You can also get to this idea if we think of the labor market. The large farmer should offer to hire the small farmer for some hours of work. This would lower the yield on the small farm (less work is getting done) but raise the yield on the large farm (more work is getting done). For a similar argument, the large farmer should keep hiring more hours of the small farmer’s time until the yield across all hectares is identical.
Regardless, the yield on every hectare of land should be identical, no matter the actual ownership structure of the land to begin with. The fact that the yield is not identical means we are sacrificing some output. And that didn’t make sense. It’s seems like leaving dollar bills on the sidewalk.
But simply assuming that developing country farmers had some inability to see, or desire to take advantage of, these kinds of gains, was a no go. T.W. Schultz had just published in 1964 Transforming Traditional Agriculture, which argued that you had to see farmers in these situations as keen optimizers (given their poverty, probably even more concious of maximizing their output than someone with a more secure lifestyle). So the game was to see under what conditions it would be that the IFSP was the result of many farmers pursuing an optimizing strategy.
Sen (1966) laid the groundwork for one common explanation, which was that the labor employed on small farms was effectively different than hired workers. Because of a surplus labor situation (a la Lewis), or a low opportunity cost for family labor, or a monitoring cost for hired workers, the effective wage of family workers is lower than hired workers. For a small family farm, they “hire” more of their own labor given the relatively low effective wage, raising the labor used per hectare and raising yields. For large farms, which must hire in workers, the effective wage is higher, and as such the large farmer employs fewer workers per hectare, resulting in lower yields.
That makes some sense, and you can get into the weeds on what exactly creates the monitoring costs or lowers the opportunity cost for family members. But regardless of the explanation, a paper by Feder (1985) established that a single market failure like this (i.e. a wedge in the effective wage of otherwise similar workers) cannot, by itself, account for the IFSP. The basic argument is that if only one market has a wedge or friction, the other markets can all adjust such that the IFSP doesn’t hold. To see this, imagine that our large farmer and small farmer exist as before, and that the large farmer hires some of the small farmers time (or hires some of the small farmers family members) to work on their farm along with the large farmers own family. You could still raise output by having the large farmer rent some land to the small farmer. You would do this until the two farms were just of the size that both were being worked by only family workers. Thus output would be higher, and the work effort (and yield), would be identical across the two farms. What Feder showed was that it took multiple market failures to deliver the IFSP. We need both an implicit difference in wages between family and hired labor, and an inability to rent in/out land, for the IFSP to persist. So in that sense, the presence of the IFSP implied multiple failed or missing markets within developing countries.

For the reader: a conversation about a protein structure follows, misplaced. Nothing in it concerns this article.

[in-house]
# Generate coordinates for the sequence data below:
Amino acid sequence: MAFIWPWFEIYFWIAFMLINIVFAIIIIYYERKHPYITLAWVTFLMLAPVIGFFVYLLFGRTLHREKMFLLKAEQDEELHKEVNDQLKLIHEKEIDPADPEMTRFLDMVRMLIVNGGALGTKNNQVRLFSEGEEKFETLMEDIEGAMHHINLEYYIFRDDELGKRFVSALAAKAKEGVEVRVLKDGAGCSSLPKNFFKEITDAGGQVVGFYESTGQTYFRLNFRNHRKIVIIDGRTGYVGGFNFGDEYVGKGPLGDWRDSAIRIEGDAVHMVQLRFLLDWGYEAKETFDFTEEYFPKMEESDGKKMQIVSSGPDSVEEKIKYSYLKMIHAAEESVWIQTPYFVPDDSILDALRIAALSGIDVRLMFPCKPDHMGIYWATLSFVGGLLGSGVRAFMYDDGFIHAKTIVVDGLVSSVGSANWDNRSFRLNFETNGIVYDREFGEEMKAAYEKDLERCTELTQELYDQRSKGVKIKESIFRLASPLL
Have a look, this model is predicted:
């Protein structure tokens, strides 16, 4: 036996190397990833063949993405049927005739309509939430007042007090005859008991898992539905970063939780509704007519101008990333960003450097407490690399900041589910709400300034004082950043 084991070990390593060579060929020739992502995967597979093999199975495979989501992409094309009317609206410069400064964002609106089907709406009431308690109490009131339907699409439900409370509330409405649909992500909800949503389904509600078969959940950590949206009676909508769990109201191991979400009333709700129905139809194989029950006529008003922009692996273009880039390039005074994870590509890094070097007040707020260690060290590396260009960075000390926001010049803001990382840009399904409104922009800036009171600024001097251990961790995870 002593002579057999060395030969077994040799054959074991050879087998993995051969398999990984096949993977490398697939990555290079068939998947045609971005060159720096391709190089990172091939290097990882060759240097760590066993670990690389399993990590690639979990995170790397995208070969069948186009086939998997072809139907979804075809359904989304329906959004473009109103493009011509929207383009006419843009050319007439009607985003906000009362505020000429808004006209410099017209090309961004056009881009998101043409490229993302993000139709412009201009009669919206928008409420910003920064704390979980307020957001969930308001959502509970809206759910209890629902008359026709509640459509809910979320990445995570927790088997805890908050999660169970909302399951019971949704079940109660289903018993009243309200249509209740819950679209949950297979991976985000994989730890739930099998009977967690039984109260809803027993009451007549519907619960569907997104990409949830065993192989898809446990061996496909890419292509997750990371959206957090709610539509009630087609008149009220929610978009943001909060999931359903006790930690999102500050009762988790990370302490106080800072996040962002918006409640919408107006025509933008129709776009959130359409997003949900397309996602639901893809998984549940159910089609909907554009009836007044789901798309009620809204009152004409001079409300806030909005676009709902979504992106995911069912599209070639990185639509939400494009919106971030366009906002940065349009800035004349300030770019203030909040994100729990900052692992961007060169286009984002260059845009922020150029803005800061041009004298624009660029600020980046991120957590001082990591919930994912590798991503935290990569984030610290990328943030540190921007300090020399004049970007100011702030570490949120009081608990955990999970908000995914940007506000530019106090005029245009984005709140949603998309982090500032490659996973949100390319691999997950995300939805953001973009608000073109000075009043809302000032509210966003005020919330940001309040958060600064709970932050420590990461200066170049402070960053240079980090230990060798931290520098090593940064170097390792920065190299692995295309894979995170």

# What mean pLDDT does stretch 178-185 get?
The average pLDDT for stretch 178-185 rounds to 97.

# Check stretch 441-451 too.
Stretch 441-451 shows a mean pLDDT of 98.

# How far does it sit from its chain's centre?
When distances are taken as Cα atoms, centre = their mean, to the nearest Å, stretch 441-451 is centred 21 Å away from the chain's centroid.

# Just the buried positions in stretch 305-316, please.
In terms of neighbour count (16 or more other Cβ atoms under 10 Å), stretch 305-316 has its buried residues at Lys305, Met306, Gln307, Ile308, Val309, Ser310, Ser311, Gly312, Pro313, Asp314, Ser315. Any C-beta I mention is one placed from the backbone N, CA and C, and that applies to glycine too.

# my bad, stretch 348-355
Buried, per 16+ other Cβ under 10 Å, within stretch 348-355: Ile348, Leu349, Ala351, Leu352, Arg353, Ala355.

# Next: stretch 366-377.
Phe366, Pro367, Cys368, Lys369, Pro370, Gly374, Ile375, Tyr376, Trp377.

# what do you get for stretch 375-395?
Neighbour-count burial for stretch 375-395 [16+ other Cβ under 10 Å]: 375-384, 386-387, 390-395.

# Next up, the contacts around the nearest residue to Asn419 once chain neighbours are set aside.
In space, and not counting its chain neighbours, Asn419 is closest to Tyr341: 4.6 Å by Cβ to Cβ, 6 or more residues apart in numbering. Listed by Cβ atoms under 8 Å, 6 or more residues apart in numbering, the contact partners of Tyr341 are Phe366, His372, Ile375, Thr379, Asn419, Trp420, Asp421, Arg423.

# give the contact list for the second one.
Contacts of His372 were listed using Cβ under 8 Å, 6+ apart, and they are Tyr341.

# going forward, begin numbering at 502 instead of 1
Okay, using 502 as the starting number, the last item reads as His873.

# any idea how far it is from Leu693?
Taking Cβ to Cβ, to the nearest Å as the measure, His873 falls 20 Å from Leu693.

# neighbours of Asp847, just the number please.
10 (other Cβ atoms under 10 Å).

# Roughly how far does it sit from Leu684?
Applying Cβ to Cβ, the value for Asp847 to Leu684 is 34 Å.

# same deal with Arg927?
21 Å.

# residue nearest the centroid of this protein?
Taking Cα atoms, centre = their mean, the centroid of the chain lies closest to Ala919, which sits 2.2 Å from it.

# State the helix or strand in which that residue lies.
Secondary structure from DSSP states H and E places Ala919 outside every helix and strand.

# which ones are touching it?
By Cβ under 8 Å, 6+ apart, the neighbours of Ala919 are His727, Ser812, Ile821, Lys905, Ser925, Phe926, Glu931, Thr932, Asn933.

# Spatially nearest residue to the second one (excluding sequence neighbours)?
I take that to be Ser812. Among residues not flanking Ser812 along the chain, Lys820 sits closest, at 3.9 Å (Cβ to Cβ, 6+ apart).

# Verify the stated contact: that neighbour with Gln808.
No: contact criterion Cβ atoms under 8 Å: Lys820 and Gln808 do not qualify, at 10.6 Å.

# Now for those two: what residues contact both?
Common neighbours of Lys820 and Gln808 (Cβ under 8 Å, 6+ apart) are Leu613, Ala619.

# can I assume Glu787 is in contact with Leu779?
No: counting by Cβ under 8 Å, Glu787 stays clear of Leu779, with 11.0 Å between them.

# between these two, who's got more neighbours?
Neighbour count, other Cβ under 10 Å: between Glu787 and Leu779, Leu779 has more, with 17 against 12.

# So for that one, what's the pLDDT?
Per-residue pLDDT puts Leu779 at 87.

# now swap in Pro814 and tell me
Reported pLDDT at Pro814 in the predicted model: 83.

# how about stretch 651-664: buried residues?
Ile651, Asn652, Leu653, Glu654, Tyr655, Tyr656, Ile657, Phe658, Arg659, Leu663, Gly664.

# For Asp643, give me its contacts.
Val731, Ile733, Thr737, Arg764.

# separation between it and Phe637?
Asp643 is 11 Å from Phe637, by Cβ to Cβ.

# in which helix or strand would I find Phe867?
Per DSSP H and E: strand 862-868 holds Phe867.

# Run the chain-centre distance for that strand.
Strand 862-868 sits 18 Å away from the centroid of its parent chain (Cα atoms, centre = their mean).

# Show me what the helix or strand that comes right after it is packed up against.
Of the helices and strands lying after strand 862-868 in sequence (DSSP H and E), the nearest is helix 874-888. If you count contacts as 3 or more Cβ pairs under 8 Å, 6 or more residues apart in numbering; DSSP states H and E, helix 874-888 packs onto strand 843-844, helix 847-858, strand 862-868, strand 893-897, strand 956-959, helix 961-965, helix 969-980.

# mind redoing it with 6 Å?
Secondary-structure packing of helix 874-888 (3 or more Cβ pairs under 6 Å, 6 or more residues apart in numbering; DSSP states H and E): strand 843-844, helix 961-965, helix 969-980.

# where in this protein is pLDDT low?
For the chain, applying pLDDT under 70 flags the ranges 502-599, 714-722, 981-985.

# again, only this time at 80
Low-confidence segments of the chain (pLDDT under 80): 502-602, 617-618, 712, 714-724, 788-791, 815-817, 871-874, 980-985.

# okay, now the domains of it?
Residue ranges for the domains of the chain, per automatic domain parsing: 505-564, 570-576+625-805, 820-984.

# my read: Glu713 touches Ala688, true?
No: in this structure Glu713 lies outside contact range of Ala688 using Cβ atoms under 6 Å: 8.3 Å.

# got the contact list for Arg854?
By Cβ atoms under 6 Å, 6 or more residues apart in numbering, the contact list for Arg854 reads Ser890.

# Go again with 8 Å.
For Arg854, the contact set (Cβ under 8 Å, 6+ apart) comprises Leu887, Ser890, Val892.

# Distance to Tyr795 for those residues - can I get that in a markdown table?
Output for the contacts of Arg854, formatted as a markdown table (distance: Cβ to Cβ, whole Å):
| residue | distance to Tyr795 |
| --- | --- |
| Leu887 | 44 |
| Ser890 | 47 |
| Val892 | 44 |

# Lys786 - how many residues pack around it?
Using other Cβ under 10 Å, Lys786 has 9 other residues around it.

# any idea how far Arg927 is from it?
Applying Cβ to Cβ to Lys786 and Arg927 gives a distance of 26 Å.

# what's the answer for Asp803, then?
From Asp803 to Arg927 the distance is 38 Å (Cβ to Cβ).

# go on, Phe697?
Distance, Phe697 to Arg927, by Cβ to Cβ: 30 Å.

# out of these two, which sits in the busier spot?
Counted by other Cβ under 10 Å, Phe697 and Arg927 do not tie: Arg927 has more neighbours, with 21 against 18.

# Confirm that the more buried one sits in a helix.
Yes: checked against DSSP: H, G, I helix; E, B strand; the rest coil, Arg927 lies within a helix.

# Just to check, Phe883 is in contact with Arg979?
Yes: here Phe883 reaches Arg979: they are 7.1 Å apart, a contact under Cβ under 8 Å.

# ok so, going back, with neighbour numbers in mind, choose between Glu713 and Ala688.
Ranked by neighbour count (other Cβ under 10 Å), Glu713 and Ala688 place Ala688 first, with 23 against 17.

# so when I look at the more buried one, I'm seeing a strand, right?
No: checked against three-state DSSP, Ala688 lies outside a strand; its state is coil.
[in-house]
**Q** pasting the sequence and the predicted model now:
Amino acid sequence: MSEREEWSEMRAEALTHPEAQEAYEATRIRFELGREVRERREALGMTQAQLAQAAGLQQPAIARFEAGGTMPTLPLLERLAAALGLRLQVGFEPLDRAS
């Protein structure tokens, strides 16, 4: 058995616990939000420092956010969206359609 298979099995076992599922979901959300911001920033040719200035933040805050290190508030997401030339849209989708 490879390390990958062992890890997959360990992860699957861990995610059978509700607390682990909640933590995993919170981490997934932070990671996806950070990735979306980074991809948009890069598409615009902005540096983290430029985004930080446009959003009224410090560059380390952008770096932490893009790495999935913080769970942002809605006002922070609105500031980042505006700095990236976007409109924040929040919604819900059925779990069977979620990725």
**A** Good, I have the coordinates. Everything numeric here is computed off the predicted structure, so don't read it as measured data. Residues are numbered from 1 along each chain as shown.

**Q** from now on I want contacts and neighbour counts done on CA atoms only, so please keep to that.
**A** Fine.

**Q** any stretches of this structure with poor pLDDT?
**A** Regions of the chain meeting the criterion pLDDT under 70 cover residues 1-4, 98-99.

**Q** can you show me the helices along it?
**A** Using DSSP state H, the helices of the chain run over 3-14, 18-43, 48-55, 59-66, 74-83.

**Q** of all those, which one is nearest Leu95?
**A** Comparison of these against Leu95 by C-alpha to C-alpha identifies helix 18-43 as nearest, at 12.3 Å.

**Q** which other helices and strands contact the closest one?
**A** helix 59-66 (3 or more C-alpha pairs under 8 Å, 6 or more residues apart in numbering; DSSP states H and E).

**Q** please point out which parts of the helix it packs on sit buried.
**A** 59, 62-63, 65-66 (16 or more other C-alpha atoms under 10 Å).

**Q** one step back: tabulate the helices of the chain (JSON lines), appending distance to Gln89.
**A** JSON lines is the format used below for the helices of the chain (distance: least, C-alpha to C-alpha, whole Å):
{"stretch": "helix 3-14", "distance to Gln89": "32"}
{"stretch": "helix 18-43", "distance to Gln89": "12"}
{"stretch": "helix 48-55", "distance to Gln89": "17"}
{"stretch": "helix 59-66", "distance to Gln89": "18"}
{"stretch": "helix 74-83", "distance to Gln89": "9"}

Now, there was another line of reasoning that attempted to explain the IFSP, based on risk. Srinivasan (1972) and Barrett (1996) both considered that production risk could induce small farmers to work more intensely on their farms. A simple way to see this is to imagine that each farmer has a fixed minimum absolute amount of output that they have to produce to survive, and that there is some uncertainty in how much their land will yield in a given year. For a small farmer, they raise the expected yield of their land to a very high level so that they eliminate (or make insignificant) the risk that a bad year leaves them without enough to eat, and hence they achieve high yields on average. For the large farmer, the absolute amount of output they get from their land is large even in a bad year, so they do not need to jack up their expected yield. Hence their observed average yield is low. (As an aside, Barrett’s paper is really about price risk for output, not risk in the actual output itself, but the same ideas apply.)
A last theoretical possibilty, one that tended to get dismissed for the most part, is that farm production is decreasing returns to scale. That kind of assumes the answer, but still left open the question of why the large farmer didn’t split up or rent out their land to smaller farmers. You still needed some kind of missing market to make this one work.
The importance of the IFSP in practice is that it makes a case for redistribution of land. Regardless of the underlying source of the IFSP, its presence implies that one could force a break up of large farms into small farms, and have higher output overall. You might imagine that one can use the extra output to compensate the large farmers, or perhaps you don’t care. Regardless, the implication of the IFSP is that an unequal distribution is directly related to lower output.